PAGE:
Last time I said I was going through a bit of a blender, and by now I feel like I shouldn't start any further blog posts with that so you can simply assume that's my natural state. Like, next time I won't say a thing and you'll automatically infer I've been rather busy lately. That said, the opposite's should also be true: if I start a post by saying I've been chillin', then you'll know I'm really chillin'.
In the meantime, I've seen Anthony Russo and Joe Russo's Captain America: Civil War
... and it was grand. Certainly Marvel Studio's best effort, and one that puts Batman v. Superman to absolute shame, as this one also deals with similar themes of responsibility and loyalty, but without failing as much -- or at all, I'd say. I've gone to see it twice now, and yeah, it's one that improves with repeated viewings. It's just overflowing with details and plots, so further chances are strongly recommended for you to grasp and enjoy it all. We'll be certainly talking about it again after the Oscars, if you know what I mean.
Another movie that I saw that also dealt with responsibility and loyalty -- or rather, the perpetual complexities of common sense -- is Gavin Hood's Eye in the Sky
. Helen Mirren stars as a ruthless colonel who's been tracking down this terrorist cell in Kenya with drones, bent on capturing them, and by this I mean killing them. She and her team finally get a chance to do so, but they must act quick, for as they're preparing for an attack later on the day. Issues become ethically complicated immediately, however, as a young girl who lives next door to the terrorists sits down outside their place to sell bread to passerbys, as she usually does. She's just in the edge of the explosion perimeter. Mirren and her team will argue back and forth and delve bureaucratically deep in order to find out whether attacking the terrorists regardless is a morally acceptable or even a legal move at the possible cost of one very young teenager's life.
The cast's quite dynamic in this one despite how the objective stillness of it all: we never leave the offices these people work in, which are located across all over the world. From London to Hawaii to Singapur to a covert op in Nairobi itself. It's as tense as a verbal mexican stand-off, yet also it's got a chuckle or two thrown for good measure just to let you have a breather from the countdown nature of it all. It's a very worthwhile film -- one that features Alan Rickman's last live-action performance. Sad to see such dignity and humanity gone at age 69 -- there was still a wealth of greatness to him.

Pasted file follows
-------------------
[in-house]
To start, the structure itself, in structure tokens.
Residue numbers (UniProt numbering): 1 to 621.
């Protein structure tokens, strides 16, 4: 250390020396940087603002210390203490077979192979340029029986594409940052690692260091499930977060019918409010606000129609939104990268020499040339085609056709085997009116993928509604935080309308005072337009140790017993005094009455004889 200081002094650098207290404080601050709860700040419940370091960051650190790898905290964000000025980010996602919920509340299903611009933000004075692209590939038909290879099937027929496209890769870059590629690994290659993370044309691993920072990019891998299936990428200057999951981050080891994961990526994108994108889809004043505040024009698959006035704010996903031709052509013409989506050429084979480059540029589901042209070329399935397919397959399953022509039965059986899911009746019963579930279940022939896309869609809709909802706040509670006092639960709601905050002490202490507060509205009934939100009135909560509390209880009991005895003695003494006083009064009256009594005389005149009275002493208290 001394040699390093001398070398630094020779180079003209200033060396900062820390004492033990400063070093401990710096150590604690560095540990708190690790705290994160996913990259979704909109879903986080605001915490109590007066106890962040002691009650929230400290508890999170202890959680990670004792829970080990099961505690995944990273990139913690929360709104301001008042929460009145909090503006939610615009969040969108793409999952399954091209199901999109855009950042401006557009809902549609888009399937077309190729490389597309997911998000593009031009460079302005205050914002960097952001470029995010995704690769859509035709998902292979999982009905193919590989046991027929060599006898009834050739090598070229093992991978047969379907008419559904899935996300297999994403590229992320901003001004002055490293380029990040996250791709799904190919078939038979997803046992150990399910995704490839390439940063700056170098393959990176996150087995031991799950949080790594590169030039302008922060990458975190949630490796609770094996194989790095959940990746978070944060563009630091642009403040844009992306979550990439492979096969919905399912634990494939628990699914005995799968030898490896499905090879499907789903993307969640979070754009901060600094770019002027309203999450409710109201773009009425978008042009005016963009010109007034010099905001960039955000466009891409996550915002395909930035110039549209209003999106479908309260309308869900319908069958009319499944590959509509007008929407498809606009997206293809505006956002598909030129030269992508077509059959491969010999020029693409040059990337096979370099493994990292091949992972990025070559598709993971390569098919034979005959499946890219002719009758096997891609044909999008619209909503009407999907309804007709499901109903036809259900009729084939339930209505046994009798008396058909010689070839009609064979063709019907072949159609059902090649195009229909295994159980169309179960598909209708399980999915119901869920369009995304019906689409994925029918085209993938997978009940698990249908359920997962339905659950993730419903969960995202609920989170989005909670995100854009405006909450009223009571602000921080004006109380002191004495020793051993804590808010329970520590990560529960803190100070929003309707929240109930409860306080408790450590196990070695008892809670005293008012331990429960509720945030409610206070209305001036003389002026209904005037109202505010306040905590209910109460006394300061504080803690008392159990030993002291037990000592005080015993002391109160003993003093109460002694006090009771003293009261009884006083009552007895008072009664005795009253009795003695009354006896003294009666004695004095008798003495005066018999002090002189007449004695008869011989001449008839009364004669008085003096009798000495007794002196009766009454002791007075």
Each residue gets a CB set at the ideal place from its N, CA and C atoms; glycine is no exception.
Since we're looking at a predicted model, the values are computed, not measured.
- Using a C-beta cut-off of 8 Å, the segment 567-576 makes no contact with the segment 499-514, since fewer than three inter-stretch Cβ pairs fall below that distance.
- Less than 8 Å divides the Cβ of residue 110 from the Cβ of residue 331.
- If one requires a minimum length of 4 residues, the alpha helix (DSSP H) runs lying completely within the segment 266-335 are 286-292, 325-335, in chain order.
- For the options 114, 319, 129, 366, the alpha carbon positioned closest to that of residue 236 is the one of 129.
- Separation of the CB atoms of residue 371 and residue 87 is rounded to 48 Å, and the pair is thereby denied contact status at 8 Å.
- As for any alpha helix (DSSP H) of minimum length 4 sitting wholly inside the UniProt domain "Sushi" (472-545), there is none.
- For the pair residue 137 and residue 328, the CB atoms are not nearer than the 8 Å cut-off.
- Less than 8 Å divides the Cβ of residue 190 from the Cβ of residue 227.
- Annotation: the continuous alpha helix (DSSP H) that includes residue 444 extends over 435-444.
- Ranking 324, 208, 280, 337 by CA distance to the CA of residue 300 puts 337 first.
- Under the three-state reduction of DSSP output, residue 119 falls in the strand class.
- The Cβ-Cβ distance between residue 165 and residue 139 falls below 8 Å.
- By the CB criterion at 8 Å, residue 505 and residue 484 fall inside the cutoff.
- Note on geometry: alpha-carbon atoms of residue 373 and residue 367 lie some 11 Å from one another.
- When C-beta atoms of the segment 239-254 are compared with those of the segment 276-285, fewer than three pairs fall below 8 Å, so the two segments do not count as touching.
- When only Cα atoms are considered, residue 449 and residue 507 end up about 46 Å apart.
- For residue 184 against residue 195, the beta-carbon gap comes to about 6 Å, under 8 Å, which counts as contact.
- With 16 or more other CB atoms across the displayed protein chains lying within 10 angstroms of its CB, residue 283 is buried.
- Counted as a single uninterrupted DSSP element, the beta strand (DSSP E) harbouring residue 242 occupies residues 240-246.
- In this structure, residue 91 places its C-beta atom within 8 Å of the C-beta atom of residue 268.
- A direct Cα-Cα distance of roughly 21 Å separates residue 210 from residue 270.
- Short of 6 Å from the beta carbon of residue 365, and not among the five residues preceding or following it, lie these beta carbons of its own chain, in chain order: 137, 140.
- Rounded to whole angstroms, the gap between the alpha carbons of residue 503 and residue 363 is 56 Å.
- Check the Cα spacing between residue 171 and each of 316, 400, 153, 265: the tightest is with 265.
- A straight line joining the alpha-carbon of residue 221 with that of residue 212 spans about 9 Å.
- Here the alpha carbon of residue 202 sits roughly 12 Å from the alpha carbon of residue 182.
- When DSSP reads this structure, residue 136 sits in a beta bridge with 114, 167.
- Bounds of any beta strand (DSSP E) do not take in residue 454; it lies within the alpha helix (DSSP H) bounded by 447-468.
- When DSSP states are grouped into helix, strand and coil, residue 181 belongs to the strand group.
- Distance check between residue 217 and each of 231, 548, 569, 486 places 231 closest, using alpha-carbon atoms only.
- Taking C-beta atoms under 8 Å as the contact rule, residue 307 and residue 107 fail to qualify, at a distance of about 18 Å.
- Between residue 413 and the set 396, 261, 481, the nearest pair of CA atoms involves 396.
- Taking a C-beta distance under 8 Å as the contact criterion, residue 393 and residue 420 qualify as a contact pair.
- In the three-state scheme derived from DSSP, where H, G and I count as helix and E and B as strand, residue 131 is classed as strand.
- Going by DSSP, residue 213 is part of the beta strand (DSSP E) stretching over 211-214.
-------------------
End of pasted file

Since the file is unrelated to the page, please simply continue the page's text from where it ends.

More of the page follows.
Speaking of Rickman... James Bobin's Alice Through the Looking Glass
features him as well. But let's be honest: he's in it for about a minute, and it's just his voice. And it's still an 'Alice' sequel nobody demanded. This was a very careless... thing. Nobody seemed to give one iota of a fuck in this movie: nobody learned anything worthwhile, and those who seemed they did pulled an unwarranted 180º out of nowhere; all the while their entire plot can be reduced to a couple of sentences and 15 minutes at most. It's just cinematic helium. There's nothing to hold on to, it'll just float away with a squeaky voice. So much visual flair gone to absolute nothing. If anything, I do hope it gets its Oscar nominations for Costume Design and Makeup and Hairstyling, because for years I've been trying my best to see all the available nominees ahead of the show, even if it's just nominated in one low-key category like Original song or Sound Mixing. Therefore, I hope this film makes it just so I can justify having seen it. It's a waste.
Speaking of the Oscars, I finally caught up with Lazslo Nemes' Son of Saul
. Didn't quite like it nor its format, but I appreciate the technical boldness regardless. I also saw Ciro Guerra's Embrace of the Serpent
, which I liked a lot. It's such a trippy, haunting, historically spanning adventure. It's something else, no doubt. The lensing's gorgeous and the acting's striking, of harsh attitudes for an even harsher environment. Check it out!Brian Singer's X-Men: Apocalypse
was seen with quite a lot of hype following his excellent Days of Future Past entry, and... this one disappointed, yeah. But not to an offensive, The Last Stand level. It's just okay. Enjoyable, comedic, but never too ambitious or memorable. There's not a lot of drive in this plot, but it's got its charm regardless. Ditto Clay Kaytis and Fergal Reilly's The Angry Birds Movie
: not the worst, nowhere near the best. Just okay. And like X-Men's Quicksilver, this one moves at a frantic speed, albeit the mutant produced better laughs by himself than the birds could in their entire running time.
That's gonna be it for now, I'm afraid. I believe I covered everything worth covering. See ya next time!